National Park Getaway: Bandelier National Monument

Bandelier National Monument

By Chris Judson, Park Ranger, Bandelier National Monument
Aerial view of archaeological Pueblo ruins at the bottom of a canyon
Thousands of years of human history are preserved in the canyons and cliffs of the park.

NPS Photo

In 1880, a self-taught anthropologist named Adolph Bandelier arrived in what was then a very remote and unknown part of the country—the New Mexico Territory. He was a one-man expedition to document the culture of the Pueblo people and their ancestors. While doing an ethnographical study of Cochiti Pueblo near Santa Fe, the people there offered to take him to see their ancestral home. Traveling up the Rio Grande and through sheer-walled canyons, they emerged on the rim of Frijoles Canyon and looked down on the remains of their ancestral dwellings. In his diary Bandelier wrote that it was “the grandest thing I ever saw.” In 1916, two years after Bandelier’s death, President Woodrow Wilson established Bandelier National Monument, preserving that canyon and more than 50 square miles of mesa and canyon country around it for future generations.

Today Bandelier National Monument is known for a distinctive landscape: a wide plateau composed of tuff, volcanic ash hundreds of feet thick deposited by two gargantuan eruptions of the Jemez Volcano. Archeologists have documented more than 3,000 archeological sites across its mesas and canyons. The story of people in the area dates back to small bands of hunter-gatherers who passed through the area thousands of years ago. During the 1100s, Ancestral Puebloans settled in cliffside homes and farmed the land for generations. In the 1500s, they moved to nearby locations where their descendants live today. The human story continues with the Civilian Conservation Corps enrollees who built the handsome stone park headquarters buildings in the 1930s, and now the 200,000 visitors who come to the park each year.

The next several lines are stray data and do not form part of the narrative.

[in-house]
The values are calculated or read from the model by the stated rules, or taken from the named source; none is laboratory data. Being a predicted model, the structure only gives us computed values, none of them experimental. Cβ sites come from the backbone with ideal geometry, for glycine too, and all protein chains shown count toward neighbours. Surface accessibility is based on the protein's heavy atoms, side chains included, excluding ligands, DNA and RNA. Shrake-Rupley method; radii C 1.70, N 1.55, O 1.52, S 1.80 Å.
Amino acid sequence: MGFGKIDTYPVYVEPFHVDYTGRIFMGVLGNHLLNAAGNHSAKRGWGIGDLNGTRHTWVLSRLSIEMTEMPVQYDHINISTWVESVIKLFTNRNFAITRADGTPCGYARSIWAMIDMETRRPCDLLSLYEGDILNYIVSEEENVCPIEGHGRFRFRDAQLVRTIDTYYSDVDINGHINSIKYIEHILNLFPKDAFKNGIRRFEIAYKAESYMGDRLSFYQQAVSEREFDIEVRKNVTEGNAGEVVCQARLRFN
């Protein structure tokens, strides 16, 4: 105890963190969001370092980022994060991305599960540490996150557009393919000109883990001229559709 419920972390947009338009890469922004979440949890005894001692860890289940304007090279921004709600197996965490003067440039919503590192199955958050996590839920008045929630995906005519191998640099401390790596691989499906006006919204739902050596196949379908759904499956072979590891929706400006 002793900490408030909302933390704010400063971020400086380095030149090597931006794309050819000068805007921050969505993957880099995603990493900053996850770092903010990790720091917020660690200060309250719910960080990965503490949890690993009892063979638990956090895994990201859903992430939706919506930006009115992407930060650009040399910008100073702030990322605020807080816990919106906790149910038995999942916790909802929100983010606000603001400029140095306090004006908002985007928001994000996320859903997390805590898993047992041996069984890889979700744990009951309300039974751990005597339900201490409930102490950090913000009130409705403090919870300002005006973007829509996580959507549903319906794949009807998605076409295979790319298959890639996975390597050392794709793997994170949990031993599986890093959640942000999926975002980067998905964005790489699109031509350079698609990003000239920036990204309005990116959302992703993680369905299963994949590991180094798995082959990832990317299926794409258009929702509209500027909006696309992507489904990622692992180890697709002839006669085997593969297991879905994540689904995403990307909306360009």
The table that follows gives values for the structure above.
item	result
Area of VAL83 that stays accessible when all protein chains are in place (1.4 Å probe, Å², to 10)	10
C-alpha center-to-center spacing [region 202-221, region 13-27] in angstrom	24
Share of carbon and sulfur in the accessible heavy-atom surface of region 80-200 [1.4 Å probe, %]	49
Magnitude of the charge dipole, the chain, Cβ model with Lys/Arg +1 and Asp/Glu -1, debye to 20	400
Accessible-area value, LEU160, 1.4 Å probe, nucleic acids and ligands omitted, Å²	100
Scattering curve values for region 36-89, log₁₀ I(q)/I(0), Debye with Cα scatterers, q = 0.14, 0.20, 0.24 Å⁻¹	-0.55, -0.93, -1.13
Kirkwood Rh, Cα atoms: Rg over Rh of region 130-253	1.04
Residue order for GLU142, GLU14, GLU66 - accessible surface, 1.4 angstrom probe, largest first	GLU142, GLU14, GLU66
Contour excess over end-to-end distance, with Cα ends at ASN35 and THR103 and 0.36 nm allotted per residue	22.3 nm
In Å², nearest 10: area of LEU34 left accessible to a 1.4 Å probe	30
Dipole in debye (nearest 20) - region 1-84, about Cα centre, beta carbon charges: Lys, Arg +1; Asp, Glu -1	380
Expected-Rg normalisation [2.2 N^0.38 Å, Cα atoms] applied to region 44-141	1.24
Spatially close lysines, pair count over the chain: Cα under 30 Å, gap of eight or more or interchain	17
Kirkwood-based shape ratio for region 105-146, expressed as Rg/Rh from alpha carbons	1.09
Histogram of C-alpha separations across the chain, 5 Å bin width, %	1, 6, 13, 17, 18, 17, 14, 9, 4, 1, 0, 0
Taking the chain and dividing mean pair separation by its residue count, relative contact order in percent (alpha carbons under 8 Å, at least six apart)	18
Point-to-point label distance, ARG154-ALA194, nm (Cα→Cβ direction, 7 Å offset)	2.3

Two hikers standing above a grassy canyon
The park has more than 33,000 acres to explore and hundreds of ranger programs throughout the year.

NPS Photo

Most visitors come to see the homes of the Ancestral Pueblo people. The Main Loop Trail begins at the park visitor center, in the same Frijoles Canyon that delighted Adolph Bandelier all those years ago. It provides an easy 1-mile (1.6 km) round-trip walk to dwellings along the cliffs and the large excavated village, Tyuonyi Pueblo. The trail returns along Frijoles Creek, which runs through the canyon year-round and would have been a treasure for the Ancestral Pueblo people. Today the little creek creates a shady pocket of green in the mostly arid New Mexico landscape.

Bandelier stretches from the Rio Grande at 5,300 feet (1,615 meters) elevation up the slopes of the volcano to its rim at almost 11,000 feet (3,353 meters). This provides a variety of habitats for the park’s wildlife, including dozens of species of mammals and reptiles, more than 200 species of birds, and over 900 species of plants. Two thirds of the park is designated wilderness, with 70 miles of trails for day hikers and backpackers.
Six orange and black butterflies standing on tiny white flowers
In addition to the unique cultural heritage of the area, the diverse landscape and wildlife has attracted scientists to the park for more than a century.

NPS Photo

Bandelier also has two national park neighbors right next door—the Valles Caldera National Preserve, in the heart of the great volcano, and Manhattan Project National Historical Park, in the formerly secret town of Los Alamos, famous for the work of pioneering atomic scientists during World War II.

Whether visitors come here to get acquainted with the Ancestral Pueblo people, birdwatch, backpack, stargaze, or just sit by the creek, most agree with Adolph Bandelier’s sentiment when he said it was the “grandest thing” he ever saw.

Last updated: April 5, 2017